The simple fact that Russia and the former Soviet Union serve as a backdrop for this novel makes for a fascinating setting. It's different -- a veritable breath of fresh air in a genre that stagnates all too often.

The Night Watch is comprised of three different parts. Although they're related, the three parts read like distinct novellas, each with its own storylines. And yet, each part is a thread in a vaster tale.

Sergei Lukyanenko's writing style could be qualified as "minimalist." Nothing is overwritten, no words or sentences are wasted -- you won't find flowery prose in this book. The author's concise style makes for a brisk pace, and the novella-type format turns this novel into a real page-turner.

There is a good balance between first and third person narratives. The sections which showcase Anton are written in the first person, which allows the reader to appreciate how genuine and complex this character is. First person narratives can be tricky, but Lukyanenko does it well, and the transition between the various narratives is smooth throughout the novel.

Had I read this book last year as I intended, The Night Watch would certainly have ended up in my Top 10 of 2006. I can't wait to read both sequels, The Day Watch and The Twilight Watch.

Highly recommended. . . Sergei Lukyanenko is an author worth discovering!:-) And with the book out in paperback, anyone can afford it!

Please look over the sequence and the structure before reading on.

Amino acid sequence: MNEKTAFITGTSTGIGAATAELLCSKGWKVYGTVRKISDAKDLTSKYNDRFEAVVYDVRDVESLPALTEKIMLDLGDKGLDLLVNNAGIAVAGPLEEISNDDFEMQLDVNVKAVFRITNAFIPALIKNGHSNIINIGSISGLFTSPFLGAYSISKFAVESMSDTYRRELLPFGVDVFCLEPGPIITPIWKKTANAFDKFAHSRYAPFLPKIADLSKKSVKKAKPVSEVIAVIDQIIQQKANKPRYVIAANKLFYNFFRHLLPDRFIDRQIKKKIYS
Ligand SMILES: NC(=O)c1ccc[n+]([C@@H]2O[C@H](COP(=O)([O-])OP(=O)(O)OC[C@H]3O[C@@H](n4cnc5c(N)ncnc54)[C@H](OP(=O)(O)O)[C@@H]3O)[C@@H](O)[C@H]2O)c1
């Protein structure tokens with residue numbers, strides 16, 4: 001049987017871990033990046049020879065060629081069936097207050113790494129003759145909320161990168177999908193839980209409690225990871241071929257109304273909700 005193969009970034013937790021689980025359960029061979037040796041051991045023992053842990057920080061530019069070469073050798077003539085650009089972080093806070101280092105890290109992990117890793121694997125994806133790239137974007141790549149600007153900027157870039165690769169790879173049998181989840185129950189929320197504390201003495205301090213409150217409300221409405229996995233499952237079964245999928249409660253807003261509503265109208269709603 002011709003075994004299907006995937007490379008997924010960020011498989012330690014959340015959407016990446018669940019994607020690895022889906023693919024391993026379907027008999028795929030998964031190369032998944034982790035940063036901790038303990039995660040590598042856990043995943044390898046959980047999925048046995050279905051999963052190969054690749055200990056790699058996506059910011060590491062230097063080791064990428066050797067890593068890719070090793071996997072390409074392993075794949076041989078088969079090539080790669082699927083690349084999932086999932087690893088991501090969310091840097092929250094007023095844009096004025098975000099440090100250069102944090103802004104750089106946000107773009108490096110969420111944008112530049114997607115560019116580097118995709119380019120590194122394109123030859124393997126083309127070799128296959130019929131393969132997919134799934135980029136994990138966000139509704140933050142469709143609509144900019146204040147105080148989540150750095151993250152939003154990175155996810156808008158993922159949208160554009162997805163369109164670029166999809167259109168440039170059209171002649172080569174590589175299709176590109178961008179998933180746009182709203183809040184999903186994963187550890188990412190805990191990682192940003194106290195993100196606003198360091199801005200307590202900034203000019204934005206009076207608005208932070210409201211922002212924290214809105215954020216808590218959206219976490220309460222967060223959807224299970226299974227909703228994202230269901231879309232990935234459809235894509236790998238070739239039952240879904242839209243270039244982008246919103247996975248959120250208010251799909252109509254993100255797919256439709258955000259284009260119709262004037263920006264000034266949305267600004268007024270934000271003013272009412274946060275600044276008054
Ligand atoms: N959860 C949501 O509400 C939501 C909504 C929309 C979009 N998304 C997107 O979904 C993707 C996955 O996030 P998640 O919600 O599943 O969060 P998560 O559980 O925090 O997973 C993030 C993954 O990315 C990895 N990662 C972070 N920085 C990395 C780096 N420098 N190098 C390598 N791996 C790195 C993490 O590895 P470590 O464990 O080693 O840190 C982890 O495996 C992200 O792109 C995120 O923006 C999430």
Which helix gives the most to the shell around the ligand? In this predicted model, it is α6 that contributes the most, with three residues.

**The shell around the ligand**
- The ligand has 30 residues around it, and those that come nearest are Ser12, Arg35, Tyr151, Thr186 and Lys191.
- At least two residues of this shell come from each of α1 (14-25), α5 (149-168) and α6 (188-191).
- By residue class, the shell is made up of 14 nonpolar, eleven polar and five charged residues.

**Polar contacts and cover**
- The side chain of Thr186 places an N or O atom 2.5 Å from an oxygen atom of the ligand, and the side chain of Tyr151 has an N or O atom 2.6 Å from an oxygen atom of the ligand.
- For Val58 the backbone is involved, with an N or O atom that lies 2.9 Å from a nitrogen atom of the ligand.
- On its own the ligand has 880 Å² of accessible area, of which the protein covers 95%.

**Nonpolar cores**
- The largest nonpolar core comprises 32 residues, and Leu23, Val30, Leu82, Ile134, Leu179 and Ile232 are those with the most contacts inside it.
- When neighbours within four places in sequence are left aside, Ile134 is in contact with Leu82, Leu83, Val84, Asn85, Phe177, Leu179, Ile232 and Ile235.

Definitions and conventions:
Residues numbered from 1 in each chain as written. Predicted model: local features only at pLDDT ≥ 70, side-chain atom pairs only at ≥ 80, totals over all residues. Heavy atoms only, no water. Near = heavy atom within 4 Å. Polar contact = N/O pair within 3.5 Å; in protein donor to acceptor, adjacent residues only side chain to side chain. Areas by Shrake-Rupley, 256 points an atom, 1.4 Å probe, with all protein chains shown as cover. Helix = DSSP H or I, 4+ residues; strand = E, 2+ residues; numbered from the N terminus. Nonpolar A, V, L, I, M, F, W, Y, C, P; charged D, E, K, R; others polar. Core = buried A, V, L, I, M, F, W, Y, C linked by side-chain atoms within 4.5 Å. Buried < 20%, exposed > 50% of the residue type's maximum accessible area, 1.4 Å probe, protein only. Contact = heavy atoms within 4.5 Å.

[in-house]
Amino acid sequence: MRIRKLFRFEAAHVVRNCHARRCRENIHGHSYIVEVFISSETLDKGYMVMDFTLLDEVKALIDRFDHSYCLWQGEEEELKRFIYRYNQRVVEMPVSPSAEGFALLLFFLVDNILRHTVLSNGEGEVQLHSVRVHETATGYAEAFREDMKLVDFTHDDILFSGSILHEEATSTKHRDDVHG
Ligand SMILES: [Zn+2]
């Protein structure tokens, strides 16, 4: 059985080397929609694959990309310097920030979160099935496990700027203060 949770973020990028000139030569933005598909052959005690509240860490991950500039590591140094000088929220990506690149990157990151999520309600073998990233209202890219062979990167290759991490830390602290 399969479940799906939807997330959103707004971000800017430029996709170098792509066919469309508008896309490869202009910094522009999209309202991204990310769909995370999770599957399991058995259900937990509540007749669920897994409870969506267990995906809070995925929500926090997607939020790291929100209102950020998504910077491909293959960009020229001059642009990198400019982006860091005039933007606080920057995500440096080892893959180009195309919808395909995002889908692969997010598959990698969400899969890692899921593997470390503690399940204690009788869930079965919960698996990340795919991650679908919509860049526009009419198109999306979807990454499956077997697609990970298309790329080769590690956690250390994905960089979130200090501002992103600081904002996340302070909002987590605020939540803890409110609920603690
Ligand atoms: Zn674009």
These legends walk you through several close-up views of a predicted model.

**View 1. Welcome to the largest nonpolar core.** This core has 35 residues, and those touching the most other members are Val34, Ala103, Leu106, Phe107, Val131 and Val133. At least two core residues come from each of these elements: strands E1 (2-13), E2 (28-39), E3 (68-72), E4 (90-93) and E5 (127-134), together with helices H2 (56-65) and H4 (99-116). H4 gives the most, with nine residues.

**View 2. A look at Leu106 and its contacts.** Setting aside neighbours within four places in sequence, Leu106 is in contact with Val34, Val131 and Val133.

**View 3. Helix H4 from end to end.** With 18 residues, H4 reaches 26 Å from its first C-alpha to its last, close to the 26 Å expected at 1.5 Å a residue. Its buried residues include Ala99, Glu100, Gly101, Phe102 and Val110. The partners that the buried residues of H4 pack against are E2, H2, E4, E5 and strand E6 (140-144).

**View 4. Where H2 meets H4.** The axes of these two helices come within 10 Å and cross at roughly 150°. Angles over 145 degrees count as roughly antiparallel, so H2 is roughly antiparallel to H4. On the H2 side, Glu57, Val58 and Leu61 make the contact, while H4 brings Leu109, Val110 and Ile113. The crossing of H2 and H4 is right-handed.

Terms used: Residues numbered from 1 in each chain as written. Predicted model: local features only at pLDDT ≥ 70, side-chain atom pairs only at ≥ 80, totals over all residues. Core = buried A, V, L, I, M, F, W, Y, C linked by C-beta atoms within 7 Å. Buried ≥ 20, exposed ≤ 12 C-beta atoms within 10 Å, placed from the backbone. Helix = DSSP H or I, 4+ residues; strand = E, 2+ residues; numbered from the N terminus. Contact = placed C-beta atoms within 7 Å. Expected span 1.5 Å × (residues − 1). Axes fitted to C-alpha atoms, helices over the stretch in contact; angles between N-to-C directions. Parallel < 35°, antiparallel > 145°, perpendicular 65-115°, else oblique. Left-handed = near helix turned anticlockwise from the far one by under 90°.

Check out my blog: [...]
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12 of 13 people found the following review helpful
5.0 out of 5 stars Great book to read anywhere, 24 Aug 2006
This review is from: The Night Watch (Paperback)
If your into reading books on the train, bus and other forms of public transport as well as in your own company, then this one is no exception to that! Though it may make you miss your stop because you can't pull yourself away from it, there is no reason why you couldn't read this book anywhere!

It's really well written, the level of detail is supremely good and the character/plot development is so detailed. You can really get into the characters and the plot is believable, and it will make you wish this reality existed!

It is devided into three sections with individual story lines. The first one covers Svetlana, a Russian woman with a curse vortex that is about to destroy the world. It ends in a lovely little fight between the Dark and the Light on the roof of a flat. The second is about a mysterious Light Magician killing Dark Ones illegally and how Anton needs to find out the killer. This results into the mention of Inqisition. The third part is about the job the Svetlana has to do and with re-writing destiny. Only fmale Light Magicians can do this.

Sergei Lukyanenko has visualised this reality very well and nothing seems to have been lost in translation. Reading about the Russian life style is also pretty interesting, and I love the mentions to the fact that the Others 'experimented' with Communism and World War II. It's a very good read and I can't wait to get the Day Watch.